Recruitment, control, exploitation: Spotting the signs of child exploitation

Written by: Dawn Jotham | Published:
Image: Adobe Stock

Recruitment, control, exploitation – the three key stages of child exploitation must be understood by school staff. Dawn Jotham offers her advice to help us identify students at risk, including spotting the various signs

Child exploitation has been a growing concern over recent years. Although by no means a new risk, increasing reports of abuse and exploitation – such as the county lines phenomenon – have brought the issue to the forefront of safeguarding.

But such a sensitive topic needs careful – and swift – handling, and so we need to first ensure that teachers and schools have the knowledge, skills and policies in place necessary to effectively support their students.

It is important to recognise that there are several different forms of child exploitation. While sexual exploitation is often in the headlines, the term child exploitation essentially refers to a form of child abuse that involves a child or young person being used for the gain of someone else.

It can involve manipulative or abusive behaviour and normally occurs due to an imbalance of power between factors such as age, gender, cognitive ability or access to necessary resources.

In this connected age, we are all well aware that it can occur both on and offline, by a group or individual, and it affects both males and females, although, perhaps unsurprisingly, research shows that boys are less likely to report exploitation than girls (Children’s Society, 2018).

Recruitment, control and exploitation

Recruitment can take various forms but can be described as a grooming process. Generally, the victim is identified due to their vulnerability, and it is crucial to remember that anyone from any background can be affected.

It is true to say that those in care, young carers, children not in full-time education, and young people with learning disabilities are all higher risk groups, as are those who misuse drugs or alcohol and who are excluded from mainstream education (Bolton Council, 2020).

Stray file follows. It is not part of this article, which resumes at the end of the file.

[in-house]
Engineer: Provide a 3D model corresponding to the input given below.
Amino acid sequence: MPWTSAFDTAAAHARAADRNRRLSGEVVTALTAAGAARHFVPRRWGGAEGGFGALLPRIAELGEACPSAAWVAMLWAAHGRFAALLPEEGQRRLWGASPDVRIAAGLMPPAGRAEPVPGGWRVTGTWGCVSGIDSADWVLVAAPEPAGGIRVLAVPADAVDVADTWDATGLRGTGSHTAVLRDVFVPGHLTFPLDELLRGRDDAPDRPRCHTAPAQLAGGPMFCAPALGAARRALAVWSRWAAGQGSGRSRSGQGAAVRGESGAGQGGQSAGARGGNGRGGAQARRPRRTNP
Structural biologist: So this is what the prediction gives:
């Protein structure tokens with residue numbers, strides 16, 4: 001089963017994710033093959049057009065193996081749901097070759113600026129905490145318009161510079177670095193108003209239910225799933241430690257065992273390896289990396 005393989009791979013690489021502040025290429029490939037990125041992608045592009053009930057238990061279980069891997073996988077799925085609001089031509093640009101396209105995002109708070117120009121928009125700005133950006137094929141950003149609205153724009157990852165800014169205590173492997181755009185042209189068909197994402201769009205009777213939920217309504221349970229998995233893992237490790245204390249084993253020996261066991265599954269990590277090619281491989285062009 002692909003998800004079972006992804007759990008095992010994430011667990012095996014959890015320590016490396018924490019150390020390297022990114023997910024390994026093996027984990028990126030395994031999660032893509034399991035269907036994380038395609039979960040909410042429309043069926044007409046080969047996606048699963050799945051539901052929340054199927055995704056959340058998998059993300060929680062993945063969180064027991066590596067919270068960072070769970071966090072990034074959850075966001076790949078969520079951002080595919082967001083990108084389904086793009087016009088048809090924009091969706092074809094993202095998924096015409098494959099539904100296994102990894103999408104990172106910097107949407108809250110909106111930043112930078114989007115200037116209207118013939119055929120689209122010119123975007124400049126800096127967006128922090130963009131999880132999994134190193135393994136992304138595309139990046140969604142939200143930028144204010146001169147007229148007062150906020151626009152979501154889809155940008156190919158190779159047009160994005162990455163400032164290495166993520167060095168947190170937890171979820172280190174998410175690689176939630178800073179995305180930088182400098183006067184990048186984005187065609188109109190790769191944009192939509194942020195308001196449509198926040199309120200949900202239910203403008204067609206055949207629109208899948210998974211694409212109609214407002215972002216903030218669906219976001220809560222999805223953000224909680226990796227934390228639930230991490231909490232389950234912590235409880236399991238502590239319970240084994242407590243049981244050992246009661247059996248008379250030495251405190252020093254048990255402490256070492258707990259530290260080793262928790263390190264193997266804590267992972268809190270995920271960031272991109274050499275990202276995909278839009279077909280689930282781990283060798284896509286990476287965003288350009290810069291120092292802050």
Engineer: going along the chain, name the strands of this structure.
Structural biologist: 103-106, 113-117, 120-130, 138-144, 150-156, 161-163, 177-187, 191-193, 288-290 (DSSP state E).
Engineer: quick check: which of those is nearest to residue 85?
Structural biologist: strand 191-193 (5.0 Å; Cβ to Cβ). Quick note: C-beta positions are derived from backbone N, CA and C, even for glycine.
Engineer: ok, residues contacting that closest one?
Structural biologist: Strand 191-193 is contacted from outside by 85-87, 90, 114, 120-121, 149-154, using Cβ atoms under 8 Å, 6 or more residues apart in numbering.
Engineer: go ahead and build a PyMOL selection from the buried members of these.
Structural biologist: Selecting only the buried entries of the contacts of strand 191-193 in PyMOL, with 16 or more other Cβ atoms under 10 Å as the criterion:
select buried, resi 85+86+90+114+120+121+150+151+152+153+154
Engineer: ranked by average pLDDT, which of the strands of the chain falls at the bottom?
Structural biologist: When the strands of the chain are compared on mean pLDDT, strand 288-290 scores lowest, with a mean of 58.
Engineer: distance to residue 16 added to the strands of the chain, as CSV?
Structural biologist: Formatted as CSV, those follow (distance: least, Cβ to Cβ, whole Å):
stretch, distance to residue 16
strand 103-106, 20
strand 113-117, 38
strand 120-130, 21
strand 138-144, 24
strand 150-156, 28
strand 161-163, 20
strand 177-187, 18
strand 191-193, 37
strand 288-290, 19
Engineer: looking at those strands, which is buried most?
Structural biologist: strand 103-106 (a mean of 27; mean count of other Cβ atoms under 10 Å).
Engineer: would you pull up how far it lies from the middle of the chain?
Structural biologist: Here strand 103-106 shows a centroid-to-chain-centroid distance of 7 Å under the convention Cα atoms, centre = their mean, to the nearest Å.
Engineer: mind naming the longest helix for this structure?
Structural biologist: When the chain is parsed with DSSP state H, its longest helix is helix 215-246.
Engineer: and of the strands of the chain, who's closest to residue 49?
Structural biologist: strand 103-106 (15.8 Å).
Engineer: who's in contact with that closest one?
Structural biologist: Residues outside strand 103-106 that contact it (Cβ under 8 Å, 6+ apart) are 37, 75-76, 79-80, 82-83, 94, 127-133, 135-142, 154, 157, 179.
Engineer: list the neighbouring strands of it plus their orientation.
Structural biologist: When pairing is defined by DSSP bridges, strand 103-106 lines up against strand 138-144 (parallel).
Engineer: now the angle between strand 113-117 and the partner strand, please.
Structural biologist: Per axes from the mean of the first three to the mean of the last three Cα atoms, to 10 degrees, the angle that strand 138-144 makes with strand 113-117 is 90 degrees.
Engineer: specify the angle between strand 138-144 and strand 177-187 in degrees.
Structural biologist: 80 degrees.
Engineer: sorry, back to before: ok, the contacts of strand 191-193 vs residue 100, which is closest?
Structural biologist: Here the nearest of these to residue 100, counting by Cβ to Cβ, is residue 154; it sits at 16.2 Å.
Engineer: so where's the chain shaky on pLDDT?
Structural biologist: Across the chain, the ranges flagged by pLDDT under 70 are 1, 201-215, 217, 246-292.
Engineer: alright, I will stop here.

But is important to look beyond these factors; there have been cases of private school pupils being recruited by drug gangs for running drugs and money laundering, precisely because they are less likely to be suspected, and also because they may have the means to conceal money.

External factors can also increase a young person’s vulnerability to exploitation. These can include a disrupted or chaotic family life, conflict within the family unit, a history of abuse and neglect, poor mental health (or poor parental mental health), and homelessness.

Meanwhile, certain transition points can also play a role in increasing vulnerability. One important example here for secondary schools is moving from childhood to adolescence. A teenager may feel complimented by the attentions of an older adult and not realise they are being groomed.

Once a young person has been recruited, the perpetrator establishes control over the victim, isolating them from their support groups; for example, their peers, family and school. The perpetrator takes total control of the young person, making them wholly reliant on them, and manipulating the young person into feeling guilty if they do not do as they are asked.

Alcohol, controlled drugs and tobacco may be introduced to the young person, making them more dependent on the perpetrator to “feed” an addiction. This leads on to full exploitation and, as this increases, the physical and emotional condition of the young person will deteriorate due to the chaotic and dangerous nature of their lifestyle.

Recognising the signs – the first step in helping young people

Empowering schools and teachers to help tackle this issue is crucial and having the knowledge and skills to recognise exploitation is an important first step. Understandably, signs can vary with each individual but identifying changes in overall behaviour will help to recognise a child that is being exploited.